The New York State Attorney General and the New York State Board of Regents have seized control of the Thomas Paine Museum in New Rochelle and given temporary custody of the museum's holdings to the New York Historical Society, Talk of the Sound has learned. Calls to the Attorney General's office seeking comment were not returned. The museum itself is locked up, the electricity appears to have been shut off and there is a "final notice" taped to the door by the water company. Through the window, empty boxes are strewn across the floor, beneath a bust of Thomas Paine (see below for photos).
Historian Kenneth Burchell, former board member of the Thomas Paine Museum and author of the forthcoming 6 volume set, Thomas Paine and America, 1776–1809 recently spoke with Talk of the Sound about the declining fortunes of the Paine Musuem and ongoing efforts to protect the remaining assets of the now defunct TPNHA.
Burchell spoke with Talk of the Sound about his conversation with the Attorney General's office in Manhattan. According to Burchell, the New York State Attorney General's office is contemplating criminal and civil charges in the matter. Key points from that conversation are published on Burchell's blog:
1). [Former TPNHA President] Brian McCartin is removed from the museum property and he is no longer associated in any capacity with the museum or the association.
2). The TPNHA administration was judged not competent to administer the museum's holdings and no longer administers the Thomas Paine Museum or its contents.
3). The museum and its contents are presently subject to the authority of the Office of the Attorney General of the State of New York and the Regents of the University of the State of New York. The New York Historical Society has been been given temporary custody of the holdings.
4). The holdings of the museum are the subject of a 510/511 petition (see attachment) which, in my limited understanding, means they are to be disbursed to an established and professionally competent museum and no longer held in the Paine Museum.
5). The disposition of the museum property itself (ie. the building and real estate) is undecided at this time, the administration and disposition of that property to be largely decided by the Regents or their designees.
6). The fate of the TPNHA is unclear at this time, since its historic charter of fiduciary trust of the museum no longer exists and the exact nature and composition of the association is itself in question.
7). The next stage of investigation could involve potential criminal or civil liability.
Most of the TPNHA Board resigned in 2001-2001 to protest the conduct of the other board members including McCartin who was originally hired as a janitor, later placed on the board and installed as President. McCartin was allowed to live with his family rent-free in an apartment above the Museum for years. In addition to running the museum, McCartin worked as a bartender and bouncer at a local bar.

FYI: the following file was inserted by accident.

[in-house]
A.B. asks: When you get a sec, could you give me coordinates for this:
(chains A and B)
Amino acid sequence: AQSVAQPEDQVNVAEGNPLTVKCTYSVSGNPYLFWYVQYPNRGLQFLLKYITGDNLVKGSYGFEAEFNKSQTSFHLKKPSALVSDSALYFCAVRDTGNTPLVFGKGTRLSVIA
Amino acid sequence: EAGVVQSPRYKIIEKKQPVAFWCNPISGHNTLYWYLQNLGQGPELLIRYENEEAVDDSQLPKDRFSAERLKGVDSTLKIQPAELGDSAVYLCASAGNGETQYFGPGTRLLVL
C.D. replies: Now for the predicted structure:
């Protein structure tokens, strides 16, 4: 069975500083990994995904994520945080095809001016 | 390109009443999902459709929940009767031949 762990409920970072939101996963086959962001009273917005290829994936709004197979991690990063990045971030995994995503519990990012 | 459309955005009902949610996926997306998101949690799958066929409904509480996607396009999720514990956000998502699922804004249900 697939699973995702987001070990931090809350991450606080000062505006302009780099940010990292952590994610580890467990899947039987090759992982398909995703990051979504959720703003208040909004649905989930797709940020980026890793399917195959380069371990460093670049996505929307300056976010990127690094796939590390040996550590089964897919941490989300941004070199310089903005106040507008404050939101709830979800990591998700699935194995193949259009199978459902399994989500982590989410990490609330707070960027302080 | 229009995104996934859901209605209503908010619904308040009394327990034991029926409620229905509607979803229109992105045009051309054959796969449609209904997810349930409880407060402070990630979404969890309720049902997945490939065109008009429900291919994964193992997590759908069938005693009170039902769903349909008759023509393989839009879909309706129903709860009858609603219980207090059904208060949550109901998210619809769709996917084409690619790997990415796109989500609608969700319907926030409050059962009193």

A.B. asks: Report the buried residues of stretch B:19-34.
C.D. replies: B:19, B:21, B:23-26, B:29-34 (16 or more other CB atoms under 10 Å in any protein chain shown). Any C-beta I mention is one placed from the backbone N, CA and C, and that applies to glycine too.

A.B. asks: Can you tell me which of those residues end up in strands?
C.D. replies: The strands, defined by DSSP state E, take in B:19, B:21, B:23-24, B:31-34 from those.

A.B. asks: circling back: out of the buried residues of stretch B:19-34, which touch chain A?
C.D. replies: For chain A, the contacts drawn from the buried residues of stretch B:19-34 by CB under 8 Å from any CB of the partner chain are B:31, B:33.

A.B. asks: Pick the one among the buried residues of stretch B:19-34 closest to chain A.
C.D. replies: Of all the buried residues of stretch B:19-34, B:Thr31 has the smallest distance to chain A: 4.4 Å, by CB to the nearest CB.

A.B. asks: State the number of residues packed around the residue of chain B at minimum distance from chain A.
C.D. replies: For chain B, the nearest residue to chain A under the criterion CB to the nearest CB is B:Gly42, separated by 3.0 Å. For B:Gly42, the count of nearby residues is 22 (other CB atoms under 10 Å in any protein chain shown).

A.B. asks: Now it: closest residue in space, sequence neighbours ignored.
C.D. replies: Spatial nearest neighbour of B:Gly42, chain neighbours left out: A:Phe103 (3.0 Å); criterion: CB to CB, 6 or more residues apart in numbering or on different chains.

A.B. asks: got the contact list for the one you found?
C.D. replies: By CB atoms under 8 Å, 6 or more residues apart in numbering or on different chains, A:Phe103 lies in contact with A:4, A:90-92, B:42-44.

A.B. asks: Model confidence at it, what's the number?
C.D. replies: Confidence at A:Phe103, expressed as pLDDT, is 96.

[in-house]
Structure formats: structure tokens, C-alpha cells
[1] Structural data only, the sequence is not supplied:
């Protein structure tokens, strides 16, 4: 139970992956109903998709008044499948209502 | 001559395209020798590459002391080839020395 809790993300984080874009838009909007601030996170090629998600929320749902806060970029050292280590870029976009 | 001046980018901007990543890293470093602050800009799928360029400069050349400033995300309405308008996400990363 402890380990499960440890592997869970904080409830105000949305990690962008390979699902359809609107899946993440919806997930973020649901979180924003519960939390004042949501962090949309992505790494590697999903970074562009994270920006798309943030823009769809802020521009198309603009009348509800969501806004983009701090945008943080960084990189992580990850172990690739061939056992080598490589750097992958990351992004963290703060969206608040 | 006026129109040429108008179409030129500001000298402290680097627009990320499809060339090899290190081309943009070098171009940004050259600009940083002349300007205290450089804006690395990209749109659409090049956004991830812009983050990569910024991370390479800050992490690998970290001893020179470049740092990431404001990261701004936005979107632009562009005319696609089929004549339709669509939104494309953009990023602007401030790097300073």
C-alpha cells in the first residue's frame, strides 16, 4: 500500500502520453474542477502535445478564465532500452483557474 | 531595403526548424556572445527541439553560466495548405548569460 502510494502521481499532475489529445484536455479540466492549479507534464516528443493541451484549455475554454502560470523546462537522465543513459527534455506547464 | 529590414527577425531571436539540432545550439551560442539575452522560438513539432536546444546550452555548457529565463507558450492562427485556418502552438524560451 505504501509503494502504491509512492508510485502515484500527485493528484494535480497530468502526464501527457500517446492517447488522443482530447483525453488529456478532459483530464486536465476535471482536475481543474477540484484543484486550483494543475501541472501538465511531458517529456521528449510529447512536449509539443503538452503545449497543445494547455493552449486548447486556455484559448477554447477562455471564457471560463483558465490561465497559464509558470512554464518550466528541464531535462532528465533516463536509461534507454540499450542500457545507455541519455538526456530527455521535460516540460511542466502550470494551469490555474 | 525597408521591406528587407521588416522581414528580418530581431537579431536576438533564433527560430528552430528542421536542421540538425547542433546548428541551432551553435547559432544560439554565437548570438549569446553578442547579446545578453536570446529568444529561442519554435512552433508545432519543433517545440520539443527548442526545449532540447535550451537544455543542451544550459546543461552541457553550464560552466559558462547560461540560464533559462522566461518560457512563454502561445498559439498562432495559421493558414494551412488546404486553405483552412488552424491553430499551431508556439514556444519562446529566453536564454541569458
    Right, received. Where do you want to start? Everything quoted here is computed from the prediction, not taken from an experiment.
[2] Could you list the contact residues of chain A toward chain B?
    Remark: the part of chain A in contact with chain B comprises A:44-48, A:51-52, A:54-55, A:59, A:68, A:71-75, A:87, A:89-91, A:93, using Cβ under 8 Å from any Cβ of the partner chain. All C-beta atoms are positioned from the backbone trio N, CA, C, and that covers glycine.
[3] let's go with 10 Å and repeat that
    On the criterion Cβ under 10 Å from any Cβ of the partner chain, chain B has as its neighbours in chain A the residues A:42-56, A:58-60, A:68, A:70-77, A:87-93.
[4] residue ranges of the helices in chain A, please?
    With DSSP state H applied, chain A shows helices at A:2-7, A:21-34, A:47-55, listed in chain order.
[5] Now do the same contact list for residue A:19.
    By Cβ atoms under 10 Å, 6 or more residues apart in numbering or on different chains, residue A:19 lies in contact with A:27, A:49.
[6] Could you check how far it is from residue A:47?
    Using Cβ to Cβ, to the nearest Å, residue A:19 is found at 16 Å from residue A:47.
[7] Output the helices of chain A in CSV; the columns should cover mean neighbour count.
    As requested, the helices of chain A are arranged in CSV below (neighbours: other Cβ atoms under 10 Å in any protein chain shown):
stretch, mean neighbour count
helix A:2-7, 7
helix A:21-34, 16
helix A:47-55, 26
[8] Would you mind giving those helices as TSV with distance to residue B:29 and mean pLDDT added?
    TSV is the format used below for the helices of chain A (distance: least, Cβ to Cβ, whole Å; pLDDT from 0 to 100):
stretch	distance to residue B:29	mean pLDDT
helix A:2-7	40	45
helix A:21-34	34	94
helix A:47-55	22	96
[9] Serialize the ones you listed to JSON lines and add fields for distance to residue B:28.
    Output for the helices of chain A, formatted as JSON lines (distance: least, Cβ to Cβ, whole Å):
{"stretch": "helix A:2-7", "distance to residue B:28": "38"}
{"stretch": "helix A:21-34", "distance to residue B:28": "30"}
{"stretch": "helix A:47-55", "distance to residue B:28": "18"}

A group of former board members filed a formal complaint with then-New York State Attorney General Elliott Spitzer in 2005 when it was learned that the TPNHA, under McCartin's leadership, were selling off priceless artifacts and documents from the museum including a First Edition of Thomas Paine's "Common Sense".
In 2005, The New York Times reported:
The attorney general's inquiry is rooted in the association's June sale of several Paine writings, for $289,000, to William Reese, a widely respected private book dealer in New Haven. The most valuable item, which commanded $125,000, was a rare first-edition, first-issue copy of ''Common Sense,'' inscribed by Henry Wisner, a New York delegate to the Continental Congress. Other items in the sale included seven further copies of ''Common Sense,'' three volumes of essays in Paine's wartime series ''The Crisis,'' a poem, a legislative document signed by Paine and two letters.
The Thomas Paine National Historical Association (TPNHA) has been the administrative body of the museum from its founding in 1925. Inventor Thomas Alva Edison served as an officer of the museum at its inception and was on hand for the groundbreaking ceremony (pictured left) for the museum which was built to "house priceless documents and artifact from Paine's life", according to the TPNHA web site which is still online.
Burchell is a respected historian who has recently completed a six-volume set of Paine's works. According to the publisher's web site, Burchell's work, "a six-volume facsimile edition, brings together rare texts from books, periodicals and newspaper contributions to unearth the contemporary American response to Thomas Paine. Responses to Common Sense, Rights of Man, Age of Reason and Letter to George Washington are included.